"Congratulations to the winners of the 2014 Data Center Excellence Award," said Rich Tehrani, CEO, TMC (News - Alert). "Data centers are critical to the success of any businesses today.  Small or large, every business relies on data centers to host their applications and data, either on their own premises or in the cloud. The award recipients are innovators within their space and we look forward to seeing their continued excellence."The 2014 infoTECH Spotlight Data Center Excellence Award recognizes the most innovative and enterprising data center vendors who offer infrastructure or software, servers or cooling systems, cabling or management applications.

2014 Data Center Excellence Award Winners
Company
Product
Verne Global Green Data Center Campus
For more than 20 years, TMC has been honoring technology companies with awards in various categories. These awards are regarded as some of the most prestigious and respected honors in the communications and technology sector worldwide. Winners represent prominent players in the market who consistently demonstrate the advancement of technologies. Each recipient is a verifiable leader in the marketplace.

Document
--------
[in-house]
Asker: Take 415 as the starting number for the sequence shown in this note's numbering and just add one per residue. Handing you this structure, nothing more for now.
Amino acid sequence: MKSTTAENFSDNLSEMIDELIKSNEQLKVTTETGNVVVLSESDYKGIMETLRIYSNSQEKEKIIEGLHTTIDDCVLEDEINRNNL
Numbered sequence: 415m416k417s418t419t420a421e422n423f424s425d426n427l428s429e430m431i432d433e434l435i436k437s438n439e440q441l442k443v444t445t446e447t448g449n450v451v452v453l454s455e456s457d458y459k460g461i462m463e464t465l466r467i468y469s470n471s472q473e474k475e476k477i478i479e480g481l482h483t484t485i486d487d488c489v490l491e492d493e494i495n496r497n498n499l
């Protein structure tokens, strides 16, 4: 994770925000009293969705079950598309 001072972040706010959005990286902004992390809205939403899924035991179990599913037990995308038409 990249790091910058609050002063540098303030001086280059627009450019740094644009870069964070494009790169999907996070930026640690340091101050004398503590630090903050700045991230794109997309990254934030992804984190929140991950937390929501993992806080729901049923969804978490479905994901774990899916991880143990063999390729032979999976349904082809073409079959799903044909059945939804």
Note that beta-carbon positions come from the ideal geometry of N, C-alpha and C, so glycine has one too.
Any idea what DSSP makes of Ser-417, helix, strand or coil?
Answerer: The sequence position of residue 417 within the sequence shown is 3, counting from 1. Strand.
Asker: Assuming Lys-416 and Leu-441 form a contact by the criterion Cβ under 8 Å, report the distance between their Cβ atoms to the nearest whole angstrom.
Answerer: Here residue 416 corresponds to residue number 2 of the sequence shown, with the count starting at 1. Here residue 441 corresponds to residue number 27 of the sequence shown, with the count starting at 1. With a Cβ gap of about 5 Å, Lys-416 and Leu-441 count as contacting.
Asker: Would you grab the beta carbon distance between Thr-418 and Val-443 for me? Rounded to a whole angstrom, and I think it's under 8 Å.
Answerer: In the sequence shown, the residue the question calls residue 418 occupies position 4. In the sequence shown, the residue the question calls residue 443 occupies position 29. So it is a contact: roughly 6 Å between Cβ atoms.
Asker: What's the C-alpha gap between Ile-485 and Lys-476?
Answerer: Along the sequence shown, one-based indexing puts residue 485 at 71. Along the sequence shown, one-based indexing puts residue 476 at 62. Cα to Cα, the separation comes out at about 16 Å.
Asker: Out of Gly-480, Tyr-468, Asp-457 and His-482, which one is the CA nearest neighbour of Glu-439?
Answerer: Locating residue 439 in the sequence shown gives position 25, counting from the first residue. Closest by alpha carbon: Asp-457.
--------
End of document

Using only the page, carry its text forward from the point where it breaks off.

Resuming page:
About InfoTech Spotlight
InfoTech Spotlight brings extensive daily content focused on information technology. Visitors will find free industry news, communities, channels, blogs, feature articles, videos, whitepapers and other resources.  The site keeps readers informed about developments across topics including software, hardware, security and networking. InfoTech Spotlight is powered by TMCnet, the leading communications and technology site in the World attracting two million unique visitors monthly according to Webtrends. Please visit: infoTECH Spotlight for more information.
About TMC